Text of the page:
Ariane Elena Fuchs

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How IoT contributes to achieving the climate goal

Since November 6, the United Nations 2022 Climate Change Conference, or COP27, has been taking place in Sharm El Sheikh. The stated goal: to ensure full implementation of the Paris Climate Agreement, thereby limiting global warming to 1.5 degrees Celsius compared to the pre-industrial era. The Internet of Things (IoT) is helping companies to make an important contribution achieving the 1.5 degree target. IoT solutions reduce CO2 emissions and conserve valuable resources.

With IoT, companies are helping to archive the climate goal in many ways.

IoT helps companies cut emissions and improve their sustainability footprint. © Deutsche Telekom/ iStock/ Orbon Alija; Montage: Evelyn Ebert Meneses

As a new report from the UN Climate Change Secretariat shows, international efforts are currently insufficient to limit the global temperature rise to 1.5 degrees Celsius by the end of the century. Average greenhouse gas emissions over the past decade have been the highest since records began. Even the COVID-19 pandemic resulted in only a short-lived decline in global emissions. In 2021, they actually exceeded 2019 levels.

There is no time to lose and the forces of politics and business must be combined to keep the promises of the Paris Climate Agreement.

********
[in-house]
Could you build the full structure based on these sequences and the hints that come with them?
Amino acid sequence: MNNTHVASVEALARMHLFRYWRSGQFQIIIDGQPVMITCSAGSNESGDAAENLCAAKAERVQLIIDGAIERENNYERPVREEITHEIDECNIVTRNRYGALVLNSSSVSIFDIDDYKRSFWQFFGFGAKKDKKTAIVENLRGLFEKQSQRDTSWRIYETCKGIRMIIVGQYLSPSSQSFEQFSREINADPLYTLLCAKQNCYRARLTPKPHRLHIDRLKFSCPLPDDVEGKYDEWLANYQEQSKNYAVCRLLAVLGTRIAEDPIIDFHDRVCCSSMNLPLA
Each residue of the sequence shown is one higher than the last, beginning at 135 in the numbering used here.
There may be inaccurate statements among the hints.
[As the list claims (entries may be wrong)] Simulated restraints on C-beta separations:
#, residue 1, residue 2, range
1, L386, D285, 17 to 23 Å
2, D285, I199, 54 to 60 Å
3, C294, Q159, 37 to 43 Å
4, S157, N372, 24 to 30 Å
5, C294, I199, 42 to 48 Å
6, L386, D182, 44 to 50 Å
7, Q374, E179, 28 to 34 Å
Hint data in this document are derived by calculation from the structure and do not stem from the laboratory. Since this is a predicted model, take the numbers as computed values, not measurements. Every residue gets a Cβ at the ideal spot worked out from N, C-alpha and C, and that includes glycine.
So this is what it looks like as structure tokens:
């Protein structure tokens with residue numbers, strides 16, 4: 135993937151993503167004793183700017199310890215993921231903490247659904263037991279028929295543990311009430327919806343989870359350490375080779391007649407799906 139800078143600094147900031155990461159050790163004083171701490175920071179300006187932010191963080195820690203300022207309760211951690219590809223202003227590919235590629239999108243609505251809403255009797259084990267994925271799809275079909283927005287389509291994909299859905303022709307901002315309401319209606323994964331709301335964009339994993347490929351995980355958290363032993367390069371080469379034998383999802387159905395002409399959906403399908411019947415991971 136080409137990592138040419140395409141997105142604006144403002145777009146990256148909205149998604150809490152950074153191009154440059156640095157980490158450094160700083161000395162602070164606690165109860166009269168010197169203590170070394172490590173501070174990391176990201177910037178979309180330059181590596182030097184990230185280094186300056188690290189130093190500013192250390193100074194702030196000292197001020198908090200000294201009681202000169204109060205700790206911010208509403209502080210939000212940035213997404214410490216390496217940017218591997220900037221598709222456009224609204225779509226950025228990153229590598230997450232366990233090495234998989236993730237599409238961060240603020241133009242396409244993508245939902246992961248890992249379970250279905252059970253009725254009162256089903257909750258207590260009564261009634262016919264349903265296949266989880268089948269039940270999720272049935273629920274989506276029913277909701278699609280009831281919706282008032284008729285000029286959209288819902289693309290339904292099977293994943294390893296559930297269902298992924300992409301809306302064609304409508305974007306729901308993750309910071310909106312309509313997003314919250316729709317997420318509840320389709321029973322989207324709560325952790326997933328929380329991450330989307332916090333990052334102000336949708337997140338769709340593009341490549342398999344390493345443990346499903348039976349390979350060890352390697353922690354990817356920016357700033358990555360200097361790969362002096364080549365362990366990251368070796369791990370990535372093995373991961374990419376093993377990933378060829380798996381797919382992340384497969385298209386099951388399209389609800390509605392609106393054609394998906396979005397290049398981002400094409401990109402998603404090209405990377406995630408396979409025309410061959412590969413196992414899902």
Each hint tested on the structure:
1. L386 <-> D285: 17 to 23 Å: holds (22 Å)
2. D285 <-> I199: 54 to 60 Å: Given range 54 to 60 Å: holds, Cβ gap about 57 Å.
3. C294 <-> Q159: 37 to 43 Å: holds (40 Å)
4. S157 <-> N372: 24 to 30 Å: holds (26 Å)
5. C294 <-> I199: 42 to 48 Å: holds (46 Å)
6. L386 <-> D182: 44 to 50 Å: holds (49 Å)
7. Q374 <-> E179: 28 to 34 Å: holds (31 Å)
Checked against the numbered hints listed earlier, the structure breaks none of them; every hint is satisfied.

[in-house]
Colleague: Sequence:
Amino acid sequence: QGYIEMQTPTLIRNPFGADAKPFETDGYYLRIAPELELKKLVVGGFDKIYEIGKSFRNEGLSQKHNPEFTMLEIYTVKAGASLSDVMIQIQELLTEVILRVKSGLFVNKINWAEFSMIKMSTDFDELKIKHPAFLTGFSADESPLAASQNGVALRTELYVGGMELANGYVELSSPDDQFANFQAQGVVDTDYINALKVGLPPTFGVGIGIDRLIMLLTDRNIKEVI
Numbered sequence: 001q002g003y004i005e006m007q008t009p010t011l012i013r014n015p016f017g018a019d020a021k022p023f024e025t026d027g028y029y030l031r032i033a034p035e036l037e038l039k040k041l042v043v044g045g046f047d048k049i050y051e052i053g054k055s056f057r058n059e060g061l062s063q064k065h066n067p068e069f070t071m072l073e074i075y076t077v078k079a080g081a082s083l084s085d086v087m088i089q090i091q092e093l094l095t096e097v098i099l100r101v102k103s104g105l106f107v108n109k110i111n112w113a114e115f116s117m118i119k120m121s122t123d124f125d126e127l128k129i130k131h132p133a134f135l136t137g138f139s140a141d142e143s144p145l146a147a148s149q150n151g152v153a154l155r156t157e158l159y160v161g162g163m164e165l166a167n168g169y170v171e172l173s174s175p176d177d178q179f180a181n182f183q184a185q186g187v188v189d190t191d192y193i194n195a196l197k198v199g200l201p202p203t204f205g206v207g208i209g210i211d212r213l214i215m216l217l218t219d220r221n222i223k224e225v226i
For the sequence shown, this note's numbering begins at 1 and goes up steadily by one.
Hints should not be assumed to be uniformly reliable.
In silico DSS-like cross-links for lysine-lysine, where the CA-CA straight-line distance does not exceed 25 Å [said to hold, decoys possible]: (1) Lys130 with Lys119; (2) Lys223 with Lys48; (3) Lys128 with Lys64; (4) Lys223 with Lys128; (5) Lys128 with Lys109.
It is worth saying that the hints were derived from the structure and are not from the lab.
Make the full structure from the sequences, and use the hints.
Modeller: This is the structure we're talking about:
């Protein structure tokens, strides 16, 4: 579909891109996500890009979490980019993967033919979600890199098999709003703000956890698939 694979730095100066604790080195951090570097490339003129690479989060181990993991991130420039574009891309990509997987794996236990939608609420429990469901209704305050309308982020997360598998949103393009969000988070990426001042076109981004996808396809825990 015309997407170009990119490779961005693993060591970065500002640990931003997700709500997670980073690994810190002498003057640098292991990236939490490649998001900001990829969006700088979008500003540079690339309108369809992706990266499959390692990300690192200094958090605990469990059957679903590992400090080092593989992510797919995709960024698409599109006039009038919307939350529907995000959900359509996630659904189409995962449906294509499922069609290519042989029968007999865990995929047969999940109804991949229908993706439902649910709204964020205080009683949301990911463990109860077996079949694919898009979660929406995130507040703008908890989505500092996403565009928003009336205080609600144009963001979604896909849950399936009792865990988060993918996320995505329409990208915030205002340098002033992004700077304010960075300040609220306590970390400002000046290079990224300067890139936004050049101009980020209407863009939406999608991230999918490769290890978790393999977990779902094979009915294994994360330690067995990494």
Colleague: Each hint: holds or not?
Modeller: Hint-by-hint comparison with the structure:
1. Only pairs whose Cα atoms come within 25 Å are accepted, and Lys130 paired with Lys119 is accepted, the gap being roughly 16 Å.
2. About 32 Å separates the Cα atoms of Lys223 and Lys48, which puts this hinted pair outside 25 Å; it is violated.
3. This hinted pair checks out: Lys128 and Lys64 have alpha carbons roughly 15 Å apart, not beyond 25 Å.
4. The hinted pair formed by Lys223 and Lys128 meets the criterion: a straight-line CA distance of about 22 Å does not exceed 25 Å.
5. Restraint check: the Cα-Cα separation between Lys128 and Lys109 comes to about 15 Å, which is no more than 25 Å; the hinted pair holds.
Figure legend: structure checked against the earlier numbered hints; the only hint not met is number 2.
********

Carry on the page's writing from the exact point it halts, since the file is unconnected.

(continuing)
Reducing emissions with IoT

The new U.N. report also notes that the way we power buildings and cities, provide transportation, build our cities and manage our land, grow and consume food, in particular, needs to be made more sustainable. For example, the International Energy Agency reports that the building sector is responsible for 10 percent of global energy-related CO2 emissions. The transportation sector and industry are each responsible for 23 percent.

IoT solutions can make processes more energy and resource efficient and enable entirely new, sustainable business models. In this way, they help companies to cut emissions, improve their sustainability balance sheet and contribute to the climate target. 41 percent of what Germany still needs to save in CO2 emissions by 2030 to meet the climate targets it has set itself can be achieved by accelerating the use of digital technologies. This is shown in a study by the German digital association Bitkom. A new study by Telekom in collaboration with Transforma Insights, which examines the sustainability impact of IoT applications in various industries, also underscores the potential. The following applications and customer examples show how IoT can accelerate the transformation toward a zero-emissions economy:

Optimized driving saves fuel 

Connected fleet vehicles follow more efficient routes, have fewer empty miles and are driven more economically. This not only saves an average of 15 percent fuel, but also protects tires, brakes and batteries. Less wear and tear promotes vehicle longevity and reduces microplastics from tires.